According to a recent article published in the Archives of Internal Medicine, individuals who suffer from autoimmune disorders have an increased risk of developing non-Hodgkin’s lymphoma.

Non-Hodgkin’s lymphoma (NHL) is a form of cancer that begins in the cells of the lymph system, which includes the spleen, thymus, tonsils, bone marrow, lymph nodes, and circulating immune cells. Lymphocytes are the main cells in the lymph system and exist in two forms: B and T-cells. Each of these cells serves a specific function in aiding the body fight infection. B-cell NHL is the most common type of NHL; it involves cancer that originates in B-cells and affects their normal maturation.

In NHL an excessive amount of atypical (cancerous) lymphocytes accumulates in the lymph system. These lymphocytes can crowd and suppress the formation and function of other immune and blood cells. NHL is categorized by the type of lymphocyte it involves and further defined by the rate at which the cancer grows. The appearance of cells under a microscope indicates the growth rate. High-grade or aggressive NHL is the fastest growing, whereas low-grade or indolent lymphoma develops more slowly.

Intense research has recently focused on defining variables associated with increased risks of developing specific cancers. The goal of this approach is to reduce the danger of developing cancer by encouraging individuals to modify risky behaviors (when possible). As well, knowledge of these variables may identify high-risk individuals so that they may be closely monitored for early cancer detection and treatment.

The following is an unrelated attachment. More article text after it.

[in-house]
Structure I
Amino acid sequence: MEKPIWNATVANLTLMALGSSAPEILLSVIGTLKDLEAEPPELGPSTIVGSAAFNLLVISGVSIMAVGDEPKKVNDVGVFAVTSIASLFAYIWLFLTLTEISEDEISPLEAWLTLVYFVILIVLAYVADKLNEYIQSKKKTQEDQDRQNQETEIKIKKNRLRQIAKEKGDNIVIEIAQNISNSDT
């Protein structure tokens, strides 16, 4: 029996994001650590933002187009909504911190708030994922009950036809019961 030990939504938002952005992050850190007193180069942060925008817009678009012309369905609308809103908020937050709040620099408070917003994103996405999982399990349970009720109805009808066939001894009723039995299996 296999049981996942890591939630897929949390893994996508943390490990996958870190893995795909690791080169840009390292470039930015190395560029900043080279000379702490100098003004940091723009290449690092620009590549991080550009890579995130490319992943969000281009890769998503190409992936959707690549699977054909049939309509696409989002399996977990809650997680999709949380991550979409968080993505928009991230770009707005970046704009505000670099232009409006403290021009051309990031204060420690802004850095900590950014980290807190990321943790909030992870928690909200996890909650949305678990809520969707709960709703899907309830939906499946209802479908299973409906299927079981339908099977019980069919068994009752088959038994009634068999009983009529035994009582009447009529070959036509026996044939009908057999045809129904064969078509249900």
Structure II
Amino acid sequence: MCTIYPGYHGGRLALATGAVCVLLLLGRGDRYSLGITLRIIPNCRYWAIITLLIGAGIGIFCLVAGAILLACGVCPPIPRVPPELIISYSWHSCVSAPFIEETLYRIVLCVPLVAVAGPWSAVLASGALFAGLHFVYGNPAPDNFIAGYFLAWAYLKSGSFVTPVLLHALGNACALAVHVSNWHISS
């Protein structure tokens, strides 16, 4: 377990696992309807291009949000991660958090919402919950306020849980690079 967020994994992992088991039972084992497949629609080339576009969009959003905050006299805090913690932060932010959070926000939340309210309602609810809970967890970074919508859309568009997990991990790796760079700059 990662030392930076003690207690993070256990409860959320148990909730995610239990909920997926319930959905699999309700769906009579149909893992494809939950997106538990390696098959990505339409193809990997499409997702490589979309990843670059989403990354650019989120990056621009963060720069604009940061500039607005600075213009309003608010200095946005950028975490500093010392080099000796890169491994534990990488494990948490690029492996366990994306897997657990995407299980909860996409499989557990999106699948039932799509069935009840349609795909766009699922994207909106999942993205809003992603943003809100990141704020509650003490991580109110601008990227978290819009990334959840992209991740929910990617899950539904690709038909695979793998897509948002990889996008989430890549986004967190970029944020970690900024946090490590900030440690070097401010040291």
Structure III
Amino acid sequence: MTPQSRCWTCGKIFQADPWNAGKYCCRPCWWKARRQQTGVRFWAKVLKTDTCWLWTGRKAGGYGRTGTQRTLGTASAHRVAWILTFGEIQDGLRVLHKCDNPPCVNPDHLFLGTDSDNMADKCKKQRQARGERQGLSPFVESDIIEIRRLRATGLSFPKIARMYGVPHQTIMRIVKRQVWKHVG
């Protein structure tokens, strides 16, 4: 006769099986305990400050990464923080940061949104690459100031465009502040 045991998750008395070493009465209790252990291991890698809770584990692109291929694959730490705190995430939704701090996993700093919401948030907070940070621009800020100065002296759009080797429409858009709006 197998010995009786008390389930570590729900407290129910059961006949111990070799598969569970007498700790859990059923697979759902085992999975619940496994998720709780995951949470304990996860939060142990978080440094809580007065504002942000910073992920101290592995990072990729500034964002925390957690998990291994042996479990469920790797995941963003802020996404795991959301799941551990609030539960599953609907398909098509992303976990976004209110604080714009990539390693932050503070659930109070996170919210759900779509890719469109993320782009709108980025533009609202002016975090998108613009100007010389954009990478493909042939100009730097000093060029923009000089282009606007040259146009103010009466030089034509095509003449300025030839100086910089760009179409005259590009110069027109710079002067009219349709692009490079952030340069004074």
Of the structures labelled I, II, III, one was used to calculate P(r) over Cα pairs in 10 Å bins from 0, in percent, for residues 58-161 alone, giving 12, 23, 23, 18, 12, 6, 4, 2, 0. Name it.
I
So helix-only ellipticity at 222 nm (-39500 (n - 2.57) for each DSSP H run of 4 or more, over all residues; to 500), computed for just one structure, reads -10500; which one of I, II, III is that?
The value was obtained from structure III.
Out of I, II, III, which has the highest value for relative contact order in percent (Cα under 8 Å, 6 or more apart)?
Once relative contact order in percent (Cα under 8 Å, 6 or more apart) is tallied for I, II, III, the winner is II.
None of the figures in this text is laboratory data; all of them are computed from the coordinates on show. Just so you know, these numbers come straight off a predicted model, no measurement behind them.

The development of some cancers is thought to be associated with pathways involved with inflammation. Autoimmune disorders are diseases in which the patient’s immune system is at times improperly stimulated to attack the body’s healthy tissues. This often results in constant inflammatory responses; a condition that some researchers speculate may increase the risk of developing cancer.

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Researchers from Greece recently reviewed data from 20 studies that evaluated individuals with autoimmune diseases and their incidence of cancer. The data included individuals with the autoimmune disorders rheumatoid arthritis (RA), Sjogren syndrome (SS), or systemic lupus erythematous (SLE). Individuals with any autoimmune disorder had a greater risk of developing NHL than the general population; however, this risk was different among the diseases.

  • Individuals with SS had a high risk for developing NHL.
  • Individuals with SLE had a moderate risk for developing NHL.
  • Individuals with RA had a lower risk of developing NHL.

The researchers concluded that individuals with autoimmune diseases appear to have a significantly increased risk overall of developing NHL than the general public. Individuals with autoimmune diseases may wish to speak with their physician about their individual risks of developing NHL as well as a possible screening program for the disease.

Reference: Zintzaras E, Voulgarelis M, Moutsopoulos H, et al. The Risk of Lymphoma Development in Autoimmune Diseases. Archives of Internal Medicine. 2005; 165: 2337-2344.

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